In a surprising move, the National Association of Securities Dealers (NASD) has reversed its rule banning the use of negative response letters for the bulk transfer of client accounts when a rep switches broker/dealers.
The Financial Planning Association's Washington office played a key role in convincing the NASD to reserve its decision. The "hero" is the FPA, says Neal Solomon, president of Solomon Associates in Gloversville, New York. Solomon, who serves on the FPA's government relations committee, is in the process of switching broker/dealers. When he realized how costly it would be to comply with the NASD's rule banning the use of negative response letters, which was passed in October, Solomon contacted the FPA. Neil Simon, a member of the FPA's Washington office, and Solomon promptly set up a meeting with the NASD's general counsel to discuss the rule.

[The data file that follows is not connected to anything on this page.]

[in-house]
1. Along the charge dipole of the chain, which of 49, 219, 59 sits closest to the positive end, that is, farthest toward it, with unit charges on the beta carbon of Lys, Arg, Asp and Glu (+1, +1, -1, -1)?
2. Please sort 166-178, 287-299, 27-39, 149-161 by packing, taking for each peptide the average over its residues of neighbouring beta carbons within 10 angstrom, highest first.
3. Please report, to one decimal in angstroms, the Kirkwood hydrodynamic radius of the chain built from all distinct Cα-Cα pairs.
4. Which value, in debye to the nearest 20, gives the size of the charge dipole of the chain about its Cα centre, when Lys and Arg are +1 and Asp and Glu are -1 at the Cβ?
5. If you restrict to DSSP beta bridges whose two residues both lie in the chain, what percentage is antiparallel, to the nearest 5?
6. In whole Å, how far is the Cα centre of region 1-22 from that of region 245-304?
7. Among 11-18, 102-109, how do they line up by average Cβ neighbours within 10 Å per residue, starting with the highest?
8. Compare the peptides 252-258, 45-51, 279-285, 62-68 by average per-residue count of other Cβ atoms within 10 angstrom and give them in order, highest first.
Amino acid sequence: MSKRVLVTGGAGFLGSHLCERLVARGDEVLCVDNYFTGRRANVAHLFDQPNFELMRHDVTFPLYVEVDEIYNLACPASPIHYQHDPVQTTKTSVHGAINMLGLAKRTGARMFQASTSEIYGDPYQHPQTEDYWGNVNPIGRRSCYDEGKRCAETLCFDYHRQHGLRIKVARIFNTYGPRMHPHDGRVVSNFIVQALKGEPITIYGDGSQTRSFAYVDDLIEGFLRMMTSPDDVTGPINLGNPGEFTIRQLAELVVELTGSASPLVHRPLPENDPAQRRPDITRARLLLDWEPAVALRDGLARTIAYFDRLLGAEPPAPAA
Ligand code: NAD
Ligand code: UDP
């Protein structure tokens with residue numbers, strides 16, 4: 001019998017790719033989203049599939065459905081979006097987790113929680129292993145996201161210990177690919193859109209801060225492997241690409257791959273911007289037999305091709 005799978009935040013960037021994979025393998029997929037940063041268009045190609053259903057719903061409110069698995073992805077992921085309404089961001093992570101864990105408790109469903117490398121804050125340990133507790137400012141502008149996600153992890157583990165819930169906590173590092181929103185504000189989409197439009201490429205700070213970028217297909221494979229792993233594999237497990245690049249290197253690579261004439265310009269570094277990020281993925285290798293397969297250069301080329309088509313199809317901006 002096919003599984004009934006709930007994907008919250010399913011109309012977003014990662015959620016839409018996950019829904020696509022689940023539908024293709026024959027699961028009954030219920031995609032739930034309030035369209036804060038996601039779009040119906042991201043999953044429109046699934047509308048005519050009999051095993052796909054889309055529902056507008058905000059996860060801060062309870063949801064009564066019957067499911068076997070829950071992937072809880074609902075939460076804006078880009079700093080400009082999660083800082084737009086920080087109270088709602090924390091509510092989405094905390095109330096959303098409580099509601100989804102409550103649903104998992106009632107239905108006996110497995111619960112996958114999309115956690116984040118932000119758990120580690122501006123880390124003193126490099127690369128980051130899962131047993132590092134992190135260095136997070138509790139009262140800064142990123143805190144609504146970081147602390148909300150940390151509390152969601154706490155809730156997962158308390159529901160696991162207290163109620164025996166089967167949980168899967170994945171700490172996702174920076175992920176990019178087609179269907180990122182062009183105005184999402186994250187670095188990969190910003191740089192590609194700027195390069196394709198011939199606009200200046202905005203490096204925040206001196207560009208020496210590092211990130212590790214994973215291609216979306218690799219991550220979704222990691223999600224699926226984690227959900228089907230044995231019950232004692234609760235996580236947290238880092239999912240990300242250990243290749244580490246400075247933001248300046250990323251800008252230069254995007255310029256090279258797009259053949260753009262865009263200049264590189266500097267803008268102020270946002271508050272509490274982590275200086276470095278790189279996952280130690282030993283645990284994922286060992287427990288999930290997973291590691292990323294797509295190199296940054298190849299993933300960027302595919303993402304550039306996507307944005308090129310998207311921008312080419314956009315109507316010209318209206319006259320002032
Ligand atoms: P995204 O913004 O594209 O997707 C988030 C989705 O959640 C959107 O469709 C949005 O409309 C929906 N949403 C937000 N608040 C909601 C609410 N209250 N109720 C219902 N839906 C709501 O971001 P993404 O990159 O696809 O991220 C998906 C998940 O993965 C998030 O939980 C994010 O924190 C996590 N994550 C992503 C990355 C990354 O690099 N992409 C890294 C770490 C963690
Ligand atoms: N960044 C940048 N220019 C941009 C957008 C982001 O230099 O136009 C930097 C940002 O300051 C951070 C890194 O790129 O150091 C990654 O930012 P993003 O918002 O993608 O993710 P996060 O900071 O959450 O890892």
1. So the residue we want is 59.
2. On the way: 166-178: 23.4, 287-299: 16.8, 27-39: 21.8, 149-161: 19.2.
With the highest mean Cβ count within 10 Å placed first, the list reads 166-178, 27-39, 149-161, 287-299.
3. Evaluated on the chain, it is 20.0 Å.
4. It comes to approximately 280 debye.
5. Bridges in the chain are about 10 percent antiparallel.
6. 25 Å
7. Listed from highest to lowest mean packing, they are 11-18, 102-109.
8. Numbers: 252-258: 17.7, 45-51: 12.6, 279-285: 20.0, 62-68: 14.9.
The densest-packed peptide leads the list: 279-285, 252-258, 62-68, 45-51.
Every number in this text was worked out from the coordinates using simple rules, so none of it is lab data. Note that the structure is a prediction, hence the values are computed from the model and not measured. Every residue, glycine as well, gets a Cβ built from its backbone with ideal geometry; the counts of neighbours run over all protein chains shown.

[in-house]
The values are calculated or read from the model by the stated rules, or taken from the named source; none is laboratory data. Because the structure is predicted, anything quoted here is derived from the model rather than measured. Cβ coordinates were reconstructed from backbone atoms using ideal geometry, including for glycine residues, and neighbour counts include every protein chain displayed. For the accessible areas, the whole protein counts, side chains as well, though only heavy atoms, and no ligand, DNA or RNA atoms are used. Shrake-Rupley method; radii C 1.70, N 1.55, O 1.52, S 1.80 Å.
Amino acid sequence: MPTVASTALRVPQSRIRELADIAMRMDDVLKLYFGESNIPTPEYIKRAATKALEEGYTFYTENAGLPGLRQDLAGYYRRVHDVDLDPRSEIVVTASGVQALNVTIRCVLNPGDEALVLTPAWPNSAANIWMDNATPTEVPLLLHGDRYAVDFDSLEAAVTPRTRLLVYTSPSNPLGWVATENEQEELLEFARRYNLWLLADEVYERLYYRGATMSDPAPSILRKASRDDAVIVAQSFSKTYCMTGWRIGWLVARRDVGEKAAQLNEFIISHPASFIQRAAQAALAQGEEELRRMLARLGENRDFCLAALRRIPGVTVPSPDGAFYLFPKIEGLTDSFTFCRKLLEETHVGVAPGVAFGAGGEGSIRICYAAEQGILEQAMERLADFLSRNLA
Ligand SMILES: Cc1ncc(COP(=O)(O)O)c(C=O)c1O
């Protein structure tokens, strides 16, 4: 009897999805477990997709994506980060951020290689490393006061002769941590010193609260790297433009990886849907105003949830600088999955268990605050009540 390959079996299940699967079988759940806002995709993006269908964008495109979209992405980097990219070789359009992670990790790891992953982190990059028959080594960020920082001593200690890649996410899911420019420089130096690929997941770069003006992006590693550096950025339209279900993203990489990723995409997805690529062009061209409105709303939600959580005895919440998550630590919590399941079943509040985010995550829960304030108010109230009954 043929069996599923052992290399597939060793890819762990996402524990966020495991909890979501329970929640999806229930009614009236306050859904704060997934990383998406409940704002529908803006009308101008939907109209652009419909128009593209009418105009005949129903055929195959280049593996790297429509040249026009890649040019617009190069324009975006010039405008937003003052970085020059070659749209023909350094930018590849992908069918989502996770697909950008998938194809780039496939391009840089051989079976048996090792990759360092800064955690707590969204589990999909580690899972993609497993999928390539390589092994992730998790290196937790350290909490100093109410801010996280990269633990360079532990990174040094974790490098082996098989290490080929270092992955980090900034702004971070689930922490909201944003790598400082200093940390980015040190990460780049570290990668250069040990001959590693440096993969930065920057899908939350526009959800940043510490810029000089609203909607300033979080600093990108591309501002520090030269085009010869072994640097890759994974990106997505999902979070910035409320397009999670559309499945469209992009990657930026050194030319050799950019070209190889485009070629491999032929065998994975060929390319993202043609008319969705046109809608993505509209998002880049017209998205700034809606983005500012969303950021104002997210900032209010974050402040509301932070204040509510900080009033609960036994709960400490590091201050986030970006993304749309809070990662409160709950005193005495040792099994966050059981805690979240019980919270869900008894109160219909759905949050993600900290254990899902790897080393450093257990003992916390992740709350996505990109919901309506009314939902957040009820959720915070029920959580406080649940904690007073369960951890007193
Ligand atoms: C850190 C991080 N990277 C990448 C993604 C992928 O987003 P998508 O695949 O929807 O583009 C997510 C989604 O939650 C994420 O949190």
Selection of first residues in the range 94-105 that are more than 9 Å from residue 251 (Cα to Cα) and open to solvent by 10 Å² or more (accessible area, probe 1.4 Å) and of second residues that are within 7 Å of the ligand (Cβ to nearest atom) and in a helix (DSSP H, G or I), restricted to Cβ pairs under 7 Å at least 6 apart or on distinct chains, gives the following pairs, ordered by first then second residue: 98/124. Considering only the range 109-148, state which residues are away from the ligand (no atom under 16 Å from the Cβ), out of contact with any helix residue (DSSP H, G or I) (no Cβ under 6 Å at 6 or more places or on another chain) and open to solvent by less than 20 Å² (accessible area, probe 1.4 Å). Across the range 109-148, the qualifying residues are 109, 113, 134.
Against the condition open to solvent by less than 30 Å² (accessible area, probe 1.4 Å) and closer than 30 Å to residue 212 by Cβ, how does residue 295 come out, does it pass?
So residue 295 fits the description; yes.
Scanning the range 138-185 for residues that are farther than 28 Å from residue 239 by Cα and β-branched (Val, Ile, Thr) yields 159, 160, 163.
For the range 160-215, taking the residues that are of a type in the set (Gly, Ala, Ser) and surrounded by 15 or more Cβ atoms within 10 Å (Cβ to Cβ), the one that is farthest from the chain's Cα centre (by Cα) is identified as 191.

During the meeting, Solomon told the NASD that it would cost him upwards of $100,000 to comply with the rule and cause him four or five months of leg work. He also said the rule would interrupt some clients' service and even cause some clients to be without service. Says Solomon: "NASD came to recognize that if [reps] didn't have the ability to do the mass transfer, less desirable clients may be abandoned." Clients may be abandoned either because they didn't respond in the allotted time approving the switch to another B/D, or because the rep failed to invite them to "switch because of the cost involved."
NASD realized that its former rule "could disenfranchise a group of investors," Solomon says. "The residing B/D may not have the ability or desire to serve those customers." Moreover, "the rep and the new B/D have limits in terms of their ability to go get the accounts, either by desire or simple manpower."